Council Favors Partnership Benefits
“It’s a great thing for Plainfield,“ Councilman Cory Storch said. “It addresses the spirit of what Plainfield is.“
The city prides itself on its diversity among more homogeneous surrounding communities.
In public comment, residents Alex Toliver and Joan Hervey spoke in favor of the resolutions and resident Dottie Gutenkauf said, “I want to add my voice to the chorus of hurrays to the City Council.”
Gutenkauf said the she was sorry it took so long, but was glad the council was “acting as one” on the issue.
At the regular meeting on March 20, the council is expected to approve city participation in state plans for pension and health benefits for couples registered under the New Jersey Domestic Partnership Act.
The last time the city had a focus on domestic partnership was on July 10, 2004, the first day partners were eligible to file. As in Maplewood, Montclair and other municipalities, Plainfield made a registrar available that Saturday at City Hall. Registrants had to bring proof they lived together and pay a $28 fee, among other qualifications. The opportunity was also open to opposite-sex couples over 62.
On Monday, the city’s Office of Vital Statistics cited a total of 35 registered partnerships.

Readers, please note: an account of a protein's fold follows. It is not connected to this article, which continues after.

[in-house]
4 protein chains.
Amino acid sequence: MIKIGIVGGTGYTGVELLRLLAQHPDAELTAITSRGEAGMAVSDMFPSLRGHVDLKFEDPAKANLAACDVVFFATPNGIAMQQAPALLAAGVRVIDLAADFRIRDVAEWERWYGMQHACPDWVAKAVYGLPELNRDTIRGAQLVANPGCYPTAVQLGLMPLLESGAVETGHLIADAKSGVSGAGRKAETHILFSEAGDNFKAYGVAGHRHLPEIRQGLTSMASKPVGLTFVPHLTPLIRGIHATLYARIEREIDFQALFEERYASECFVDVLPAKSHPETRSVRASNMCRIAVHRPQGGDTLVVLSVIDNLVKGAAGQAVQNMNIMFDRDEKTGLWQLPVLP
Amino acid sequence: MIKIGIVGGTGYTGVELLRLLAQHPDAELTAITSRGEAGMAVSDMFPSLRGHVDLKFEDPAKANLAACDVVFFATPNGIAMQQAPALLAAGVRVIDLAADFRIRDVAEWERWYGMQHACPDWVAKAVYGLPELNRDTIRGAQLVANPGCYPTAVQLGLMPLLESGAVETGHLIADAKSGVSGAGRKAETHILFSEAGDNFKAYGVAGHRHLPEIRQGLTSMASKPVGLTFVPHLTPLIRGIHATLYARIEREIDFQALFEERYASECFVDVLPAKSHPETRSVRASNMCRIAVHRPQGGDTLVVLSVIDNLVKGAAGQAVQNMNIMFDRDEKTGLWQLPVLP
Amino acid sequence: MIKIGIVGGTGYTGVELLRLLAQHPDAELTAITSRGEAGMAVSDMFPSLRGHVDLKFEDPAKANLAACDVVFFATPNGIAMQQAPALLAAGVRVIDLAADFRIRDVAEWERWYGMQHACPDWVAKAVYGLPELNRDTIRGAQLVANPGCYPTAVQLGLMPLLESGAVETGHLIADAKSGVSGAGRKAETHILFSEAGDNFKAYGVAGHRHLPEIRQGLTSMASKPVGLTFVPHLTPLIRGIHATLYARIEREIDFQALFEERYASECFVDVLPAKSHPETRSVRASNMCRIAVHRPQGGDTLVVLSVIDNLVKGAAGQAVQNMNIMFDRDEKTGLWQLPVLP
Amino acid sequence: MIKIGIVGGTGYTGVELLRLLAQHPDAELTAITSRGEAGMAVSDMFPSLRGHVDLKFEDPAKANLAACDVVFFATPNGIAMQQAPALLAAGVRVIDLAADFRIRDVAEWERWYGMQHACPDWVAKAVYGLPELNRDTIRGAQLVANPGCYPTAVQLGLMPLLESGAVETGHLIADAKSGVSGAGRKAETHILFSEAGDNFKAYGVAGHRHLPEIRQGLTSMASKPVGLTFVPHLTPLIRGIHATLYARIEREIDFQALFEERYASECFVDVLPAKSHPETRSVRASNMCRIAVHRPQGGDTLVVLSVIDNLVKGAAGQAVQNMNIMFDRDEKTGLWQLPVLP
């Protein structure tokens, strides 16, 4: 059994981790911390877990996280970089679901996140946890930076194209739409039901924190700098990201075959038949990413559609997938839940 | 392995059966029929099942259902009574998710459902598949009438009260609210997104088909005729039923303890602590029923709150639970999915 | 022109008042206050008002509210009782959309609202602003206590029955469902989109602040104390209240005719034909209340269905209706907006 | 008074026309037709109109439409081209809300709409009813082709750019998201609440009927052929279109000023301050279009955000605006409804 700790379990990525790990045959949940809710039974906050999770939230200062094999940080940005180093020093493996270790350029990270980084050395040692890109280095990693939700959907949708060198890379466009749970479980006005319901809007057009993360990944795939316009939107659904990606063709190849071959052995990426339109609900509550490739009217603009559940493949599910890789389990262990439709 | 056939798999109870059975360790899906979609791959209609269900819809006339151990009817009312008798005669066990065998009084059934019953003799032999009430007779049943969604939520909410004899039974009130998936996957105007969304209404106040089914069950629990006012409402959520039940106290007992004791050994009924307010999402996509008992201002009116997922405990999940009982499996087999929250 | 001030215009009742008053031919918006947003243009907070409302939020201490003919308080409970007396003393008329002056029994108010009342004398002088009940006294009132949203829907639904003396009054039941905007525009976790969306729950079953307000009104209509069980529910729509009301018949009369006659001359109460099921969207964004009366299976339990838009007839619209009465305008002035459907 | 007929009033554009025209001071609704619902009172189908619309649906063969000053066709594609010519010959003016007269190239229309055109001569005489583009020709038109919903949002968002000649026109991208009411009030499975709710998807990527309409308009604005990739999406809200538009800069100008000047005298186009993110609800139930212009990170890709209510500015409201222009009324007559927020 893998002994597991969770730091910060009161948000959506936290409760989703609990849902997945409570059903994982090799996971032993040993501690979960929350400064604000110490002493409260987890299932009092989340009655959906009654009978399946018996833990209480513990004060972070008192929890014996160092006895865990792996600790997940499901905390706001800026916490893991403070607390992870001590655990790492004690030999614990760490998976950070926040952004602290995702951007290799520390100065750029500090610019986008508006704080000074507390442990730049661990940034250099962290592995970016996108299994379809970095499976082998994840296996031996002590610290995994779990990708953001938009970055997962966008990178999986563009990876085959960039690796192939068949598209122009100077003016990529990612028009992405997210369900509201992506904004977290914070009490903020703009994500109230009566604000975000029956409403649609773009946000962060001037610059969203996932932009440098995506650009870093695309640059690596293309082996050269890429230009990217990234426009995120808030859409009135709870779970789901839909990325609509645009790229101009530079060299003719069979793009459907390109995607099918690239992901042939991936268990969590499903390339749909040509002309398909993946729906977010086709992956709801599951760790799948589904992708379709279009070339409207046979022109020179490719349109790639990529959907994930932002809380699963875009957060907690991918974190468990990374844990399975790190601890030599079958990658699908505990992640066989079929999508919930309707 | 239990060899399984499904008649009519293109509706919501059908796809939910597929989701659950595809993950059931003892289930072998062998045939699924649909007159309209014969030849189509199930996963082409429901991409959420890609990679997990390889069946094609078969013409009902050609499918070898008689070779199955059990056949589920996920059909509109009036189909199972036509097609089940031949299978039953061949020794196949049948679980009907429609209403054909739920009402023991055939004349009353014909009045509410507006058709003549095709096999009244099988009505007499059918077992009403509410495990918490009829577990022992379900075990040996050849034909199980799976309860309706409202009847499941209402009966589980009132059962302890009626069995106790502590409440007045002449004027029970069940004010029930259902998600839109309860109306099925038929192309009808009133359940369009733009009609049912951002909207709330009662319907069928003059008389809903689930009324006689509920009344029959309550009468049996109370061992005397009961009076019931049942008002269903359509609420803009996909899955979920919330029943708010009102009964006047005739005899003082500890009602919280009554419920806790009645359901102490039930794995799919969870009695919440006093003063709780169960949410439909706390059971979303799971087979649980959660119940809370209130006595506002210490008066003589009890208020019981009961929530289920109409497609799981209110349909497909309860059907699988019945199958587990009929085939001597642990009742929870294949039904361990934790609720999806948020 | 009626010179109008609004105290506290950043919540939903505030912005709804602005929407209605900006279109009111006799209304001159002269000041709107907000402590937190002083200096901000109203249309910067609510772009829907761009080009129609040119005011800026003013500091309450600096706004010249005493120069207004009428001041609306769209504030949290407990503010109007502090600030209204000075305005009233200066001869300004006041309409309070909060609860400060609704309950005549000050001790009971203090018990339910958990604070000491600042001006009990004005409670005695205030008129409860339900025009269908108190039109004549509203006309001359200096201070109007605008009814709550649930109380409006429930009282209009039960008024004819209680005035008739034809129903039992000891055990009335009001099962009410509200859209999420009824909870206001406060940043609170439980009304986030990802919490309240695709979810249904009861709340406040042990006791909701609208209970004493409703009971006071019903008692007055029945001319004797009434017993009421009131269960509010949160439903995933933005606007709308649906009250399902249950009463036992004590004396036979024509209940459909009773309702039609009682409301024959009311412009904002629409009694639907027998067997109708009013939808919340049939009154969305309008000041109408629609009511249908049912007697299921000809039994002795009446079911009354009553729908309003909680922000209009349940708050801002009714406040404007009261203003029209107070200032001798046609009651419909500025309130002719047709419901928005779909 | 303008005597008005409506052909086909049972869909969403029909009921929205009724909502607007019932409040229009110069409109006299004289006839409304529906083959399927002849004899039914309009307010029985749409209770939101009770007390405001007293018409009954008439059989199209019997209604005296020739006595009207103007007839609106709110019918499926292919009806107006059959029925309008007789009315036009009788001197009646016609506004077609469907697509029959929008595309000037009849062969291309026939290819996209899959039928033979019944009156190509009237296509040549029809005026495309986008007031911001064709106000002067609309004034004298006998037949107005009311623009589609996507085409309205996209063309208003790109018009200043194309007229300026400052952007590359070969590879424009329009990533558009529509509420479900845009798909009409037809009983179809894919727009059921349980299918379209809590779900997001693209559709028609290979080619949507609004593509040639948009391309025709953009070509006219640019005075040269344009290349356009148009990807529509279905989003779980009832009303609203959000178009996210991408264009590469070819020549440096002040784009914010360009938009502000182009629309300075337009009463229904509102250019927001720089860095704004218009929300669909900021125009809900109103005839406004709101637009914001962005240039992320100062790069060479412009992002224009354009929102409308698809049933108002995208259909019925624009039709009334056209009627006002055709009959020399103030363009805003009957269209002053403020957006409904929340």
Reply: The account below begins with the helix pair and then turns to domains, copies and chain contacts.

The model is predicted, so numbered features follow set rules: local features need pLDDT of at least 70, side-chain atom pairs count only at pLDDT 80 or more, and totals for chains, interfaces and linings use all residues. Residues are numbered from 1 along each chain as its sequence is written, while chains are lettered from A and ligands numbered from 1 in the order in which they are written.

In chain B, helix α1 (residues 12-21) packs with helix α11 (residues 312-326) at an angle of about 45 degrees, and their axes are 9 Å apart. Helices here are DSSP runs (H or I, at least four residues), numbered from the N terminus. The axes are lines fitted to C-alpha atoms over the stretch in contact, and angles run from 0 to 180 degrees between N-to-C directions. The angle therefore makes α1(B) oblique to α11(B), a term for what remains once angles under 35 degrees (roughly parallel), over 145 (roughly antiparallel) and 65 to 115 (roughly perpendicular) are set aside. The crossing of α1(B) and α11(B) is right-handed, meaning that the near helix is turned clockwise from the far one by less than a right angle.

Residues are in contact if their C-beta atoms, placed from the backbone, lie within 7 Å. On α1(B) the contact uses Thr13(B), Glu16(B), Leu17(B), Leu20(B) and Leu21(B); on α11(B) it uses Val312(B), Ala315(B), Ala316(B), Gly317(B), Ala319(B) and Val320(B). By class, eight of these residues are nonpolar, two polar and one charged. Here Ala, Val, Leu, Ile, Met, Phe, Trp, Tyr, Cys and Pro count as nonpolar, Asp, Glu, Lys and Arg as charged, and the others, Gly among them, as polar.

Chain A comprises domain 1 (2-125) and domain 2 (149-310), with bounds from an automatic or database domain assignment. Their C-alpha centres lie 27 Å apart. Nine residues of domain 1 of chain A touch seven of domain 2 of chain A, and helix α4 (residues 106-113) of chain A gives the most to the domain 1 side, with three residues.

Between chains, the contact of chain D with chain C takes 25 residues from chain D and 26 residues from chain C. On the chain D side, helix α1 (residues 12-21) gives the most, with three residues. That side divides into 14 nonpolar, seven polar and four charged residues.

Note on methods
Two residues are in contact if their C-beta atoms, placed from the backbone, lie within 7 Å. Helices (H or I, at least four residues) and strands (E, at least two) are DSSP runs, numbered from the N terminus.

Attorney Stephen Hyland, who specializes in domestic partnership law, said he believes the statewide number of registrations is under 4,000, despite a broad range of benefits that the law confers. He said New Jersey has an estimated 16,000 same-sex couples and it was unclear why more did not take advantage of the state law.
“The reason I think only a quarter are registered is that there is so much misinformation about the effect of the act and the usefulness of registration,“ he said.
Hyland said anyone who is committed to a same-sex partner “should be out there registering.”
He said anyone holding a governmental job who thinks that registering will make their sexual identity known to the world should remember that all the documents are private. Partners can register anywhere in the state, not just in their hometowns or where they work, he said.
Hyland is the author of a book on the subject and also maintains a web site with legislative updates and news about municipalities that decide to provide benefits. Hyland also offers a look at what other states may be doing regarding domestic partnership. Visit http://www.stephenhyland.com for more information.
At http://www.state.nj.us.health/vital/dp2/shtml the state offers answers to “Frequently Asked Questions” and provides more details on the Domestic Partnership Act.
Hyland said when a municipality takes action to establish domestic partnership benefits, “I think it does increase the awareness all around.”
He called the state statute “a very, very broad law” and said, “People are losing significant benefits by not registering.”
As drafted, the Plainfield resolution covers both current employees and retirees who are registered as domestic partners.
KEYWORDS: City Council, domestic partnership